UTC's David: "We'll Come Back Again"


It has been a tough 12 months for George David and his United Technologies Corp. On Oct. 22, 2000, he watched former General Electric CEO Jack Welch announce a deal with Honeywell mere minutes before David was to cement a union. Through lobbying efforts in Europe, the UTC chairman and CEO helped sabotage the $45 billion GE-Honeywell marriage, which fell apart in July.

David scarcely had time to savor that victory when terrorists attacked America and sent key parts of his business, such as the Pratt & Whitney jet-engine unit, into a tailspin. BusinessWeek Associate Editor Diane Brady recently met with David in his Hartford (Conn.) headquarters to discuss the fallout from September 11 and how he intends to maintain growth. Edited excerpts of their conversation follow:

Q: You were one of the first out of the gate with bad news, telling the Street that the attacks could trim up to $250 million off your fourth-quarter earnings. Why so quick?

A: UTC has always been very straight with investors. We [consistently] report what I would characterize as high-quality earnings. We have a high cash content. We have had steadily rising earnings, steadily rising expectations. We have a pact [with investors], and I felt like that was breached when planes hit the World Trade Center. I thought we should tell investors about the impact of that (see BW Online, 11/2/01, "Is UTC Misunderstood on the Street?").

Q: Your outlook for jet engines is certainly more dire than what we're hearing from GE.

A: We're more in the line of fire than others. An engine is essentially leased for life. The aftermarket -- spare parts and support -- is where the profitability is. More than half of U.S. aircraft are Pratt-powered. Of course, the airplanes that get parked are typically the older ones, and 90% of those are Pratt-powered. The $64 trillion question is when traffic comes back. I think [we could have] several quarters of lower traffic.

Q: Several quarters of fear over flight safety?

A: There is still confidence among Americans in flight safety. What there is not today is confidence in flight security. Those are two different things. People are trying to process what this all means.

Q: Do you think the government should be bailing out airlines?

A: I do. The airline industry in the U.S. is $90 billion a year. Before September 11 happened, they would have lost about $3 billion. Now, I think the losses will be well north of $10 billion. We would simply not have a surviving airline industry if this goes on. That's the choice. The attacks were an event of such extraordinary magnitude that it requires an extraordinary response.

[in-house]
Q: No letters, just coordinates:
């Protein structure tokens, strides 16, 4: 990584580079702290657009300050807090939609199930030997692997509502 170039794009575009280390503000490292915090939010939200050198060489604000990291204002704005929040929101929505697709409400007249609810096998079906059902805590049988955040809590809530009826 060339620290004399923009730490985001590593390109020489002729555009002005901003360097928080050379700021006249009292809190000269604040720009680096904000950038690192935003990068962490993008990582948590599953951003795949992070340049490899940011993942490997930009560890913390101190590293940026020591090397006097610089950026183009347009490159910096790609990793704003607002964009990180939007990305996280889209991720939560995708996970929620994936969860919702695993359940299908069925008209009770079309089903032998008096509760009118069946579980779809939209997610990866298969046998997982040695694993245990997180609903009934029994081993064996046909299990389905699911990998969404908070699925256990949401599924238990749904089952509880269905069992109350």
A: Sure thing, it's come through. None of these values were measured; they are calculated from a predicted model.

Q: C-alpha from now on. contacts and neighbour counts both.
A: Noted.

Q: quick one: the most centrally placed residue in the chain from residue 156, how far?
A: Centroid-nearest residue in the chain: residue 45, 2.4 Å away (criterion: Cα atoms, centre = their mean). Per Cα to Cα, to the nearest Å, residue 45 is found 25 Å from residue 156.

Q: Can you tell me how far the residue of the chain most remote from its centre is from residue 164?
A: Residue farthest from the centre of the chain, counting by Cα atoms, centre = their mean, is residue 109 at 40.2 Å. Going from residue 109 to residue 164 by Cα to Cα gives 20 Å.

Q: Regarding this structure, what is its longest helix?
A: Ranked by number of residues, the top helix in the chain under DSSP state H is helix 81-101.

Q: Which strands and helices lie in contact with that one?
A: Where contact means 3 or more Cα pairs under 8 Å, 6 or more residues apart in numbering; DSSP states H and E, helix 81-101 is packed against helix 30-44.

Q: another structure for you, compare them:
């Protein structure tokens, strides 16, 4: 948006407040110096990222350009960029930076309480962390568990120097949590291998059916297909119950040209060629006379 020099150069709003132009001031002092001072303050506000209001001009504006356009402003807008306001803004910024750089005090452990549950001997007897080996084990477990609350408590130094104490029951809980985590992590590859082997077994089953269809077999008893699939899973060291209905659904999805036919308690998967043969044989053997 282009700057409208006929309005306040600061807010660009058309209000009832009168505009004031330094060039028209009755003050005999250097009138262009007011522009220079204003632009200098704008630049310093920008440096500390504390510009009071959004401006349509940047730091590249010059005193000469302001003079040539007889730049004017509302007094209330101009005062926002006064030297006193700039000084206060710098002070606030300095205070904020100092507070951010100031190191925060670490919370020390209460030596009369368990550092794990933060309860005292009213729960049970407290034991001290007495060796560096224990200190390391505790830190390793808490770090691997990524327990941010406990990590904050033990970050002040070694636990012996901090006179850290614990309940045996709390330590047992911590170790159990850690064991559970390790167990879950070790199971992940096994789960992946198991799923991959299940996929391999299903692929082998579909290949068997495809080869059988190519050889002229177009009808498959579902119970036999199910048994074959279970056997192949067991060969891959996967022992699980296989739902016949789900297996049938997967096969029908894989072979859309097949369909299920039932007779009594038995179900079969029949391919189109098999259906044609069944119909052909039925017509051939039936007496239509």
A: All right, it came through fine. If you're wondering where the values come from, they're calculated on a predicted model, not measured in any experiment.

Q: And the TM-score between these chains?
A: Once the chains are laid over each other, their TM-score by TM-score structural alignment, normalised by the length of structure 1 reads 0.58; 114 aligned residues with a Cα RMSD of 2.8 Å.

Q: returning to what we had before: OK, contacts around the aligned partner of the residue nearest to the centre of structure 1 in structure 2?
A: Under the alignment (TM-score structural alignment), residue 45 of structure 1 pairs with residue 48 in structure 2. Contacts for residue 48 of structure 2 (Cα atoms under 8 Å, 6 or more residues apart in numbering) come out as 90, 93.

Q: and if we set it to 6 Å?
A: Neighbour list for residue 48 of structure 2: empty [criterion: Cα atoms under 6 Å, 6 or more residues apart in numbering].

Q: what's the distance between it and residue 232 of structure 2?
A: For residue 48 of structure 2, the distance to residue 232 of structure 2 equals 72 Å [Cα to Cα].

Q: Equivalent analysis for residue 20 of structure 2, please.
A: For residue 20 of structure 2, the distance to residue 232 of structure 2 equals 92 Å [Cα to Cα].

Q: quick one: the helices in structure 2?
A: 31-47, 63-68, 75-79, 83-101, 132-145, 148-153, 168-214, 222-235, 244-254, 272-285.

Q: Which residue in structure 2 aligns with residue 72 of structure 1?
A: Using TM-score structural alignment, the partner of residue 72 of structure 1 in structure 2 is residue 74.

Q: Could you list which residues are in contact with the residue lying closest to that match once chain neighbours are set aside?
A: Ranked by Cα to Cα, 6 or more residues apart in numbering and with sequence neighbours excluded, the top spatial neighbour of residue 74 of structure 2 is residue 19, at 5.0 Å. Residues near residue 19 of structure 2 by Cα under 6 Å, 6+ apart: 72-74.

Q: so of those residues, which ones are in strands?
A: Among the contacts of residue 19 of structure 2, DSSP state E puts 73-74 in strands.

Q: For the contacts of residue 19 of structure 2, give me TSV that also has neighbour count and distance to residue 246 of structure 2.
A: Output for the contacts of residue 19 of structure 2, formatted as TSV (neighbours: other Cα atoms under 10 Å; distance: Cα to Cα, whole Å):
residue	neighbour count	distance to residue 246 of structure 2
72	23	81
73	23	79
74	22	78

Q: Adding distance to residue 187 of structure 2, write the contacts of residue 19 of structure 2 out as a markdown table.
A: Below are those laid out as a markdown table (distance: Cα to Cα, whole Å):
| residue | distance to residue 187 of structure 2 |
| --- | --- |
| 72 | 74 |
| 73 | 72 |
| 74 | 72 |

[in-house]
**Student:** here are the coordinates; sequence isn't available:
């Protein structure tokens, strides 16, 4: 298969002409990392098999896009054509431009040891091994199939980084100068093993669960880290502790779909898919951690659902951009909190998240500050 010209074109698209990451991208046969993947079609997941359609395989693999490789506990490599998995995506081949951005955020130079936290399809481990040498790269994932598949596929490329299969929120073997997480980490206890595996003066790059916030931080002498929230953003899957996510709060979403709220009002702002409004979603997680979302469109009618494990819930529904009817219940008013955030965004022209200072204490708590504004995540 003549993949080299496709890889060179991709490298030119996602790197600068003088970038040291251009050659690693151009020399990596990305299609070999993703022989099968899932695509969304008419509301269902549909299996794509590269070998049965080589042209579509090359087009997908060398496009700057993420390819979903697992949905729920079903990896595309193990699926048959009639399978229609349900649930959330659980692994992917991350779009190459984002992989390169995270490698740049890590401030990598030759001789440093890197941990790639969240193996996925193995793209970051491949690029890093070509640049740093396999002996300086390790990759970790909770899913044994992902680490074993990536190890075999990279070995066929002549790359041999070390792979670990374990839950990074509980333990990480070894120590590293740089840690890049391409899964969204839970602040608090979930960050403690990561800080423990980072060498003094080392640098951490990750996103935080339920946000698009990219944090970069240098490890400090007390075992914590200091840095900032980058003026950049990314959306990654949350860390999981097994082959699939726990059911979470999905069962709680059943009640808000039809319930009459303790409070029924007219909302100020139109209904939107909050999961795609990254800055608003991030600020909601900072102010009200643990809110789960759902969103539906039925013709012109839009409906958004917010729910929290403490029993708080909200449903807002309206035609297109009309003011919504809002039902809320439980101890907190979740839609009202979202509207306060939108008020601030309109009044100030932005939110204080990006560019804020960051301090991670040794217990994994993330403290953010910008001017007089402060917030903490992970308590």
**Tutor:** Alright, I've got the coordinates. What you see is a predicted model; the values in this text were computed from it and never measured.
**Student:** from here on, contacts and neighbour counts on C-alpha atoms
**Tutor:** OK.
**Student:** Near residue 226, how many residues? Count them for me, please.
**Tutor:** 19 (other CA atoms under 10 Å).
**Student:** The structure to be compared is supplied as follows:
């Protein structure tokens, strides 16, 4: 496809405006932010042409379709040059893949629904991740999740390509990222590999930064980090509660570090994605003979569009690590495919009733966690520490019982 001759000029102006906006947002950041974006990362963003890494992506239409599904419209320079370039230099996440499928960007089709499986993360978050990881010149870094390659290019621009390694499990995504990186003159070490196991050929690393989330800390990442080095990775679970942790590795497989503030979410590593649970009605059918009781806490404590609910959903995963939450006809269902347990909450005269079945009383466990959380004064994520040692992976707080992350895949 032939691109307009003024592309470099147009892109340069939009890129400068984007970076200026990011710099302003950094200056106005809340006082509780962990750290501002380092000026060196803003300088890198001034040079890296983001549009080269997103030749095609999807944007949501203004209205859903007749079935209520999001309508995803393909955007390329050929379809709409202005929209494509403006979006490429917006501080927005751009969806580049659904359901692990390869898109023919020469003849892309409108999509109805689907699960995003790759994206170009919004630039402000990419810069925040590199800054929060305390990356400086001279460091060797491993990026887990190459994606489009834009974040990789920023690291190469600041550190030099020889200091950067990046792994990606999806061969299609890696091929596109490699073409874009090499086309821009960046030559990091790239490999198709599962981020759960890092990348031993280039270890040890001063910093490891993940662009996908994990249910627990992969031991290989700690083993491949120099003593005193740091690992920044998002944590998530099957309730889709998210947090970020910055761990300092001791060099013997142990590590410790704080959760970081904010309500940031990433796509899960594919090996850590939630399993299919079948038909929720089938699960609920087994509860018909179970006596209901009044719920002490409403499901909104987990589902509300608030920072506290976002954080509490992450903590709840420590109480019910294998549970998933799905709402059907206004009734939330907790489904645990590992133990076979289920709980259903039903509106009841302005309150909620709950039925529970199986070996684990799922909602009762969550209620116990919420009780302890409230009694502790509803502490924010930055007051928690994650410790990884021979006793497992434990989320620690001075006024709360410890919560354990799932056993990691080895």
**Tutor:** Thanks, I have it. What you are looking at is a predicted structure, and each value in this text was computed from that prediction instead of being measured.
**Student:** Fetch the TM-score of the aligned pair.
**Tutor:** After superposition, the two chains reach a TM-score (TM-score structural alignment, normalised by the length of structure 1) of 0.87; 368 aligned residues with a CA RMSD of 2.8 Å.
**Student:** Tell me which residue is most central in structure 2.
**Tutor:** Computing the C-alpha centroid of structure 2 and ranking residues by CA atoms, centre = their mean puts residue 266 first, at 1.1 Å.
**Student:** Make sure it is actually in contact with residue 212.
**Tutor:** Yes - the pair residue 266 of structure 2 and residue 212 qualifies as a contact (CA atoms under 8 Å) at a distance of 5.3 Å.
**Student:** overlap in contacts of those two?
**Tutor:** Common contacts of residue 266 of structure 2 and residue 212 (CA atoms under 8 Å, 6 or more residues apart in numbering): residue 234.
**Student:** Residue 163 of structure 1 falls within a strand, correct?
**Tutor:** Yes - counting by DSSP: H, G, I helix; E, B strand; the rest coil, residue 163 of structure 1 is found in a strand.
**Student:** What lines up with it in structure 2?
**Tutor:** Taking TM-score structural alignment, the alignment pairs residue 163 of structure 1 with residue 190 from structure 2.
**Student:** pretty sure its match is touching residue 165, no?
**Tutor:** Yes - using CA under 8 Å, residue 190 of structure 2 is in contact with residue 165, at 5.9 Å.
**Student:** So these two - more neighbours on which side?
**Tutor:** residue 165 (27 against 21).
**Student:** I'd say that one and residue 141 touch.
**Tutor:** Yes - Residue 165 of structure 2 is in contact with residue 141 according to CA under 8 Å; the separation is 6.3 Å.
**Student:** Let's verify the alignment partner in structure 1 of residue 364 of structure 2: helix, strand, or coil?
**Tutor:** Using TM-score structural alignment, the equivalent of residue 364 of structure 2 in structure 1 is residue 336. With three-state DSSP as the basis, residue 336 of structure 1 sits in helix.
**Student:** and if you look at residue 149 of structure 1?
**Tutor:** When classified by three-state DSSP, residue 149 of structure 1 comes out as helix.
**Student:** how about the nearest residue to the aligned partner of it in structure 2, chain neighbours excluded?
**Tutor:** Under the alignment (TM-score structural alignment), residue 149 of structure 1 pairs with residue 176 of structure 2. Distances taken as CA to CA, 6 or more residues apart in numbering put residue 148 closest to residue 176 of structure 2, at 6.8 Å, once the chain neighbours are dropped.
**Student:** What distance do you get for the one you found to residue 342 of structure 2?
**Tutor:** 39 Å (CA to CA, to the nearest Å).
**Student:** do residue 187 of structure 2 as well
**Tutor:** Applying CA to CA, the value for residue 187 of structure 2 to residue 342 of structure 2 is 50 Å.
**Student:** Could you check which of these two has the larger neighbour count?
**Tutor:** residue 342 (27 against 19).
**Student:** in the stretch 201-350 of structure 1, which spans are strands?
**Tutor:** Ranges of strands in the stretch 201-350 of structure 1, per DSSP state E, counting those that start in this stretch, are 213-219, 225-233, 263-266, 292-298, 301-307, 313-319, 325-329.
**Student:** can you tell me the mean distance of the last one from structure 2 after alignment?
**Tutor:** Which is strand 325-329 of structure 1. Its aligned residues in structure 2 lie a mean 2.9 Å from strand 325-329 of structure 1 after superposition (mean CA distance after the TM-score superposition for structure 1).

Q: On the day trading resumed, your stock plunged 26%. Were you surprised by how many people dumped your shares?

A: I was surprised that they didn't look back more to the 28 quarters of steadily beating expectations.... We're about 60% to 70% held by institutions. If you talk to the analysts, they know that our management is high-tenure and that we have good communications with investors.

I thought all of that would dampen the downdraft that happens when you give people bad news. I also thought they might cut us some [slack because of September 11].

Q: Patriotic buying?

A: Not patriotism. Bear in mind that the company is exactly what it was on Sept. 10. We have one thing that is directly impacted by the towers going down. That doesn't change the other businesses. The short-term impact ran to parked airplanes and the fact that fewer people will travel for the next few quarters.

Q: Does it make you think about how you position the company in this environment?

A: Yes. For example, we have an active M&A agenda. We buy between $1 billion and $2 billion a year. We had some deals coming in the fourth quarter. We'll let them [wait] a quarter or two.

These would've been cash deals, and we need to be alert to the cash consequences of this event. Airline receivables will stretch. We need to be in a position to team with airline customers in times of difficulty. I don't mean we should compromise the balance sheet of UTC, but airlines will need credit or help, and we will do it in the proper way. But that will reduce our cash flow.

Q: Do you think people perceive United Technologies as an aerospace company?